Iwan Roberts: Norwich City’s strikers could do with lessons from Robert Fleck and Chris Sutton

Chris Sutton in action for Norwich City. Picture: Archant

Chris Sutton in action for Norwich City. Picture: Archant

After that win at Portman Road on October 22, Norwich City were sitting in sixth position in the Championship, confidence was sky high within the squad, supporters were starting to think of the play-offs and all was rosy in the Canaries garden.

Robert Fleck - his advice could help City's strikers. Picture: Archant

Robert Fleck - his advice could help City's strikers. Picture: Archant - Credit: Archant

However, just over a month down the line, with the club having won just one point from the 15 that’s been available since the Ipswich game, they have plummeted to 15th in the league!

The only positive I can take from this shocking run of form is that they are still only six points behind Derby, who occupy the last play-off position – whereas they are nine in front of Burton Albion, who are third from bottom right now.

There’s been a lot of changes at the club, but apart from Jacob Murphy leaving for Newcastle in the summer there’s not too many attacking changes at Norwich, so it leaves me scratching my head a bit – how can a squad which scored 85 goals last season score just 16 goals in their opening 18 games?

Maybe Daniel Farke could do with some help in this department; maybe bring in someone to help the strikers – and, no, I’m not touting myself for a job, I thoroughly enjoy my work for the BBC.

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But what about this: the likes of Grant Holt who, up until recently of course, lived in Norwich, Chris Sutton, after retiring from playing and managing, lives in north Norfolk and the one and only Robert Fleck will never move away from Norfolk.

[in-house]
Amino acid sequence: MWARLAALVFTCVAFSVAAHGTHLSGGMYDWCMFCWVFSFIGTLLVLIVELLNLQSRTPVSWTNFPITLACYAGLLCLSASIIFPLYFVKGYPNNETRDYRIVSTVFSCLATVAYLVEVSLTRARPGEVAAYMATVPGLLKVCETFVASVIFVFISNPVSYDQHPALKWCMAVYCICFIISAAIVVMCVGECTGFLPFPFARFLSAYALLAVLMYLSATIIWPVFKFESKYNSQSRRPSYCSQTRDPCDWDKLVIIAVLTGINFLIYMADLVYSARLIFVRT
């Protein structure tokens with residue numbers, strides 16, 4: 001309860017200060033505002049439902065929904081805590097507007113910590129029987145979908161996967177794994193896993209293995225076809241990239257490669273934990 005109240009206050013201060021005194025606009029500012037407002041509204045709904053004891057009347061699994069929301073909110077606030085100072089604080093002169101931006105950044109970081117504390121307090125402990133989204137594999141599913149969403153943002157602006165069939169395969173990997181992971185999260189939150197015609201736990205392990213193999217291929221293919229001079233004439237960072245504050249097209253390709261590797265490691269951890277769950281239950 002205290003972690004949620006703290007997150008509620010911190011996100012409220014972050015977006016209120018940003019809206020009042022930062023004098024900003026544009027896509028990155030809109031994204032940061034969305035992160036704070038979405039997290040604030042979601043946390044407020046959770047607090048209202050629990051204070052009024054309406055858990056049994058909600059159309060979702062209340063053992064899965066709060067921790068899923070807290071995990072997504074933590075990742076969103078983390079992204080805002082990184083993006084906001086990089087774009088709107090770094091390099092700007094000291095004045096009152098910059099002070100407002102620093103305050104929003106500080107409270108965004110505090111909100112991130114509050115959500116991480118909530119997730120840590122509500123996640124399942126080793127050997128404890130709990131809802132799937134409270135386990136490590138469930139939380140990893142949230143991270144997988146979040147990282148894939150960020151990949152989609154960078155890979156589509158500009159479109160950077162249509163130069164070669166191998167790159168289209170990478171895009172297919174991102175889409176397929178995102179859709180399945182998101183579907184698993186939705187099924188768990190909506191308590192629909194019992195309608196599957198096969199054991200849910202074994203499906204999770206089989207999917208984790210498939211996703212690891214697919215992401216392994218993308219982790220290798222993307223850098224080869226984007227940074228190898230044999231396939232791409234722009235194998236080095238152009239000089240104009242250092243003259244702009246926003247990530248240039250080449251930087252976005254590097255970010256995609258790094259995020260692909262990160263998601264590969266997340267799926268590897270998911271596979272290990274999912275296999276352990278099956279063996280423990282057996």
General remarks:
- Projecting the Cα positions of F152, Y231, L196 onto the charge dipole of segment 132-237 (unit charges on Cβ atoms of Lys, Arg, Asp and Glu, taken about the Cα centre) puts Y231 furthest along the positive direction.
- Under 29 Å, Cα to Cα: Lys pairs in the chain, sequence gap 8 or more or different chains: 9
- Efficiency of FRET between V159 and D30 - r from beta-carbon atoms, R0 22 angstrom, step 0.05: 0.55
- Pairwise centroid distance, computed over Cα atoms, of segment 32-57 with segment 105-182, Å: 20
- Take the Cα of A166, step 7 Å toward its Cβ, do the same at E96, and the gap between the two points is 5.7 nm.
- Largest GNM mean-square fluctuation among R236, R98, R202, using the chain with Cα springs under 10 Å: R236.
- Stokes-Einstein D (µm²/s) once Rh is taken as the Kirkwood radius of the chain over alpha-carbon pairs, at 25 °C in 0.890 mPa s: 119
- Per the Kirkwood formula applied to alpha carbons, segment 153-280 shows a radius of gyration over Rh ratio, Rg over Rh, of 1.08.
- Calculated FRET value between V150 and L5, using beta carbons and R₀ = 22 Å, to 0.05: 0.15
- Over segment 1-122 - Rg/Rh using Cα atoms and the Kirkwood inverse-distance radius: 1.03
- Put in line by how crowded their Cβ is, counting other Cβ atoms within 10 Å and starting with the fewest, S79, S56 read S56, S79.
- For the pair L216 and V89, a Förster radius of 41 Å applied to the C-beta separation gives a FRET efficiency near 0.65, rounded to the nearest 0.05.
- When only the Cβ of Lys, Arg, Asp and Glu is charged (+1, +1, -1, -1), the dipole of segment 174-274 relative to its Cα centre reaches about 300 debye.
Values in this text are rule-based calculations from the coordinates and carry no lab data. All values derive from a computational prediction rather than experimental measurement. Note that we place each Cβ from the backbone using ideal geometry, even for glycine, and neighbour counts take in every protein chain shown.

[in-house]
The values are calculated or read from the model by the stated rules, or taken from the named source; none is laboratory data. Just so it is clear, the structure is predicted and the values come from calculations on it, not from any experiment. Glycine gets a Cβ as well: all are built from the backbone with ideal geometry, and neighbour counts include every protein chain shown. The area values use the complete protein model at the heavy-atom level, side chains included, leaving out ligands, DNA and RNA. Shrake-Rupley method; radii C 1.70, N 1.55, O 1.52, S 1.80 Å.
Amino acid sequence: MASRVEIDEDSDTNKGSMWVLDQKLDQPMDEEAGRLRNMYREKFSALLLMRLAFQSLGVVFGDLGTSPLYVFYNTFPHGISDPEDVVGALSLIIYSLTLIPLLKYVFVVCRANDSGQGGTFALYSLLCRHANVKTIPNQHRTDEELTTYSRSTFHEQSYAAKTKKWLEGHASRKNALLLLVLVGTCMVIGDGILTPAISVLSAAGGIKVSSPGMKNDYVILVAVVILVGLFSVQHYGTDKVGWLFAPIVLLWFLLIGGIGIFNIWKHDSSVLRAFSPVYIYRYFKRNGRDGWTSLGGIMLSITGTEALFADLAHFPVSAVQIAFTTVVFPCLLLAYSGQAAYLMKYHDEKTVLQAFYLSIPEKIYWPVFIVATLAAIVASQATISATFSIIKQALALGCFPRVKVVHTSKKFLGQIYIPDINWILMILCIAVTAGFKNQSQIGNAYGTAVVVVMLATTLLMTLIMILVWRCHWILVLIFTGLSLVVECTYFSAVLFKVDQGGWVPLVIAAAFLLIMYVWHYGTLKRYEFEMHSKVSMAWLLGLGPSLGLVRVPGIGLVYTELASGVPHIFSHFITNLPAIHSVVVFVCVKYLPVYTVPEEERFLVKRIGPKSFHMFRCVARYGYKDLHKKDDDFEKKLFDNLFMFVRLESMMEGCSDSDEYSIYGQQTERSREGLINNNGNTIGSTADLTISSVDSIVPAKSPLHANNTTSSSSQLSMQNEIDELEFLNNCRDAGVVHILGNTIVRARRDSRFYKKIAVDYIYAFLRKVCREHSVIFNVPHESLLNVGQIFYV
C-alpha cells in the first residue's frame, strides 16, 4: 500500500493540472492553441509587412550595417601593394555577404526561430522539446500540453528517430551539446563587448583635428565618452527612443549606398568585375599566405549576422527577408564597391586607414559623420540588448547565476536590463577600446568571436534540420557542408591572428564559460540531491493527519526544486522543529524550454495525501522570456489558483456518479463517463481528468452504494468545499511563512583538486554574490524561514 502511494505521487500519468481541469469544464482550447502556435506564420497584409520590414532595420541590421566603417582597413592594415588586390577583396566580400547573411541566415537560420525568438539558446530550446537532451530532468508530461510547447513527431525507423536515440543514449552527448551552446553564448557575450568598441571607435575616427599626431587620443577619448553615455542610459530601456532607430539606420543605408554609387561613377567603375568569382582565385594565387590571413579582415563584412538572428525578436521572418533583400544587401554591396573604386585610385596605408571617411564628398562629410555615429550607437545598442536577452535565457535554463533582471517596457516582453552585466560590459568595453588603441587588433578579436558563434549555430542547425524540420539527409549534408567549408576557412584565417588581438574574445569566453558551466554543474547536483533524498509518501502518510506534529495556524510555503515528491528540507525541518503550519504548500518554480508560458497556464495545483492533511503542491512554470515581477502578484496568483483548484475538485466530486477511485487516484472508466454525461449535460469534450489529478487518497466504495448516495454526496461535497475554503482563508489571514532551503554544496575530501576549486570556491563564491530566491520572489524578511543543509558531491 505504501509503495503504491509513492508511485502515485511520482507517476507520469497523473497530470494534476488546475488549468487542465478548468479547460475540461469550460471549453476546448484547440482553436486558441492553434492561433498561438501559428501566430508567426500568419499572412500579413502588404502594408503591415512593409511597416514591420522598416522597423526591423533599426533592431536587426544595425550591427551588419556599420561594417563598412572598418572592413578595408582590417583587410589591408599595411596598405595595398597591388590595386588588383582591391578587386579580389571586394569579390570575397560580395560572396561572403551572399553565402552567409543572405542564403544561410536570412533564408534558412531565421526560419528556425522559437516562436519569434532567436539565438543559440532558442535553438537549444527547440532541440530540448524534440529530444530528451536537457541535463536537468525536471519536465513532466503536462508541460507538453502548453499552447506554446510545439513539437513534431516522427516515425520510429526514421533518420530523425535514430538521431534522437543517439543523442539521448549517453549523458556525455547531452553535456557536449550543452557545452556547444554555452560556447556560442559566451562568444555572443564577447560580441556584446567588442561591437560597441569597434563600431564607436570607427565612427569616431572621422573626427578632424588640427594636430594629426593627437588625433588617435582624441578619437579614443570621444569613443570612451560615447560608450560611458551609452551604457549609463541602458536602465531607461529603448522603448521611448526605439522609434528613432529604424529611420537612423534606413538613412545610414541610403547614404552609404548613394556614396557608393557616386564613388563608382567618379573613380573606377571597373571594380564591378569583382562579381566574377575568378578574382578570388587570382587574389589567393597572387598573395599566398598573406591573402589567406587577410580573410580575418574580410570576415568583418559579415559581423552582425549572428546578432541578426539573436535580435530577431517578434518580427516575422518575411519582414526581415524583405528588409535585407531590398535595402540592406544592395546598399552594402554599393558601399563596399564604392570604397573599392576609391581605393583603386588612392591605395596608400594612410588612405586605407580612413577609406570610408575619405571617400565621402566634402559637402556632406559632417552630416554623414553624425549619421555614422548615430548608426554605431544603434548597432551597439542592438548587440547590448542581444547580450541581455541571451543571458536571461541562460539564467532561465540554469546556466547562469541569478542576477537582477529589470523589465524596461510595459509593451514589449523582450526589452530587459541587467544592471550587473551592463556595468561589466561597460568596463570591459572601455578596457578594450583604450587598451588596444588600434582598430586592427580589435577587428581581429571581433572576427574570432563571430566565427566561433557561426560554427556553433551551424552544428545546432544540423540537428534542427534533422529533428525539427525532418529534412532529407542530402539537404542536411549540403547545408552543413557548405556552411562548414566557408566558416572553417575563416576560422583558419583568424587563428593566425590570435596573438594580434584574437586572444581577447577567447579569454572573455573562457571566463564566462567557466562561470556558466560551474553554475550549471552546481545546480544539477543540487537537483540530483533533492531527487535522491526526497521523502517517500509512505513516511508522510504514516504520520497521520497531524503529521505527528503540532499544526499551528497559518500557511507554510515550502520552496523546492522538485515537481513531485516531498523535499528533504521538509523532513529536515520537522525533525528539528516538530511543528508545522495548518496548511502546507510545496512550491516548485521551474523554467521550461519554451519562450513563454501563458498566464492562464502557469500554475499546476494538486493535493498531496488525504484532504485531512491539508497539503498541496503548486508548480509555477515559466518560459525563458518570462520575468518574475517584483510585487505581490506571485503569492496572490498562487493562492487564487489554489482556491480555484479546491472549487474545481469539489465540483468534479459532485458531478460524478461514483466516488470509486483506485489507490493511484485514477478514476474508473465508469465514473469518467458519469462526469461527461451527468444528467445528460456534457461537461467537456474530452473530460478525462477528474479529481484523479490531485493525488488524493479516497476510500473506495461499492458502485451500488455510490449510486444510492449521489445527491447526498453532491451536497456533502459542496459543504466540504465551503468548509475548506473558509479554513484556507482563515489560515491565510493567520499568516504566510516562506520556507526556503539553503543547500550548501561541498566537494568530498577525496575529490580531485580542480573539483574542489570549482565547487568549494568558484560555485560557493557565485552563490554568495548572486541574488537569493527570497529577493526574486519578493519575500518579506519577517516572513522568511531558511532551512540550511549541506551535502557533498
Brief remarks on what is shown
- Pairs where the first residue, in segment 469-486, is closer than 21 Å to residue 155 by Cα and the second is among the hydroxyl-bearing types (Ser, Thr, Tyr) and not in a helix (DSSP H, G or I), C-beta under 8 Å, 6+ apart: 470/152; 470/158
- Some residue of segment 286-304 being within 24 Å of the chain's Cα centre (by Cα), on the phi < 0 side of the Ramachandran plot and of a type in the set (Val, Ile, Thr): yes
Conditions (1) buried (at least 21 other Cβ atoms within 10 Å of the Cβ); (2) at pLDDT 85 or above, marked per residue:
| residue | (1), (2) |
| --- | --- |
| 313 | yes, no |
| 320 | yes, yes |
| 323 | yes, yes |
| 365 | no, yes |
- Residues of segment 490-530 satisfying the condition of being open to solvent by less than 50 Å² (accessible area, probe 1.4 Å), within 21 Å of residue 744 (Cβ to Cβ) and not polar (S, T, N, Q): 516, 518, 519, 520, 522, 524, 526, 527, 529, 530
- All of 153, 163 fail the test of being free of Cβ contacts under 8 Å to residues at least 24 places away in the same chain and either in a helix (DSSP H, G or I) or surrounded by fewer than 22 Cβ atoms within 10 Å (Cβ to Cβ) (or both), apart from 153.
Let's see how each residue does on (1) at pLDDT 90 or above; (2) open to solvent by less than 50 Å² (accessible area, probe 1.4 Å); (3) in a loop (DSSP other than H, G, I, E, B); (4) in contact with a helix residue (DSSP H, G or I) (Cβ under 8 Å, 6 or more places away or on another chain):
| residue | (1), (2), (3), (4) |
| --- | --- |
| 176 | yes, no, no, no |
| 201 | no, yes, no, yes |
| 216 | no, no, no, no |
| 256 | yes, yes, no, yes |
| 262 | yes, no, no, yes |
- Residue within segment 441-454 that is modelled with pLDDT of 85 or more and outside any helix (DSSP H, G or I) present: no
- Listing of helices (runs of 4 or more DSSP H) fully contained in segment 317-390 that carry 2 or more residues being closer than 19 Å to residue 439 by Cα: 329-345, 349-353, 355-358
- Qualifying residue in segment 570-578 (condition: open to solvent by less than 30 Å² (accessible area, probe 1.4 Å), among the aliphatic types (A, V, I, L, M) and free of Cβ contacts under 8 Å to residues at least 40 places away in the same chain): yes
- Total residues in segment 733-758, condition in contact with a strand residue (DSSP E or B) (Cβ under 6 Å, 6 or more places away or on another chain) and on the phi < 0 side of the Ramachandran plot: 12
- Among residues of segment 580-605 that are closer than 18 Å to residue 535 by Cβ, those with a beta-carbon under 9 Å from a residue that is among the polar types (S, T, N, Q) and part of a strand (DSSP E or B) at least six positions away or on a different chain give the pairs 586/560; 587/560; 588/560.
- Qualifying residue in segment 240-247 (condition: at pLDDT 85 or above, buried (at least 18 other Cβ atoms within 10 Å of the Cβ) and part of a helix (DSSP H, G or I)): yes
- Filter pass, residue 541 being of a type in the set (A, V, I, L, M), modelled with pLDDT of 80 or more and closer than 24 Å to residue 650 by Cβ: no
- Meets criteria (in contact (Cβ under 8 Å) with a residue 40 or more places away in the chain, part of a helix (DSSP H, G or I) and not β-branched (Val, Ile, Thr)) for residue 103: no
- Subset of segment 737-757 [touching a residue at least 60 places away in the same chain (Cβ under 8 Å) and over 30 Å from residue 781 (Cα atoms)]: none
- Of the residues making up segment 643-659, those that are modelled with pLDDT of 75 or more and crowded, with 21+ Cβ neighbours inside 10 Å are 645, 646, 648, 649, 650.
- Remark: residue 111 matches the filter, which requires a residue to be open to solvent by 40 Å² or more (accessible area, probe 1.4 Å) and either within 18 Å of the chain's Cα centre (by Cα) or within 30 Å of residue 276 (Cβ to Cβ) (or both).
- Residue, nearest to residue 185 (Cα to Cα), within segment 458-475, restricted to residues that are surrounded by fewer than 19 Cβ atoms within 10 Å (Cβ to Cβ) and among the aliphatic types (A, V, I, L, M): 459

All three have been great goal scorers for Norwich, and not just that, they all have great experience and have played at the highest level, I’m sure if asked, any of the three would jump at the opportunity to work with the club’s forwards, maybe on a part-time basis to try and improve the club’s very poor form in front of goal.

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When I joined Huddersfield, my coach was Peter Withe, the man who won the European Cup for Aston Villa, and he was a great help to me ,especially at the beginning of my Town career where I didn’t get off to the best of starts.

Withy (as we called him) was an old-fashioned type of forward, very similar to myself, and he took me under his wing as he could see I was suffering in front of goal.

Nearly every day after training he would keep me behind for 45 minutes or so and just get me in the habit of hitting the back of the net.

Of course, it’s not just about repetition – you have to put yourself in what you think is the right place to be at the right time, it’s about taking gambles in the box and always thinking that the ball somehow will come to you. Nine times out of 10 it probably won’t, but you have to keep making those runs. You can’t think, ‘oh it’s not coming to me again’. On that 10th time you have to make sure that you’re ready to take that chance.

I find it strange that every club has a goalkeeping coach as it’s seen as a specialised position, but not many outside the Premier League will have a forwards coach and in my opinion it’s a position that’s just as specialised as a goalkeeper.

Food for thought, I guess, but with only three of the bottom four having scored fewer goals than Norwich this season – even Sunderland, who are rock bottom have scored more – so I don’t think it would do any harm in getting in some outside help from people who care about Norwich City.

Alex Neil returns to Carrow Road tomorrow for the first time with his Preston team since he lost his job last season and I’m sure he’ll get a magnificent reception from everyone at Carrow Road. If you’re in any doubt about Alex’s return just take a second and think about that unforgettable day out he gave you all at Wembley on May 2, 2015.

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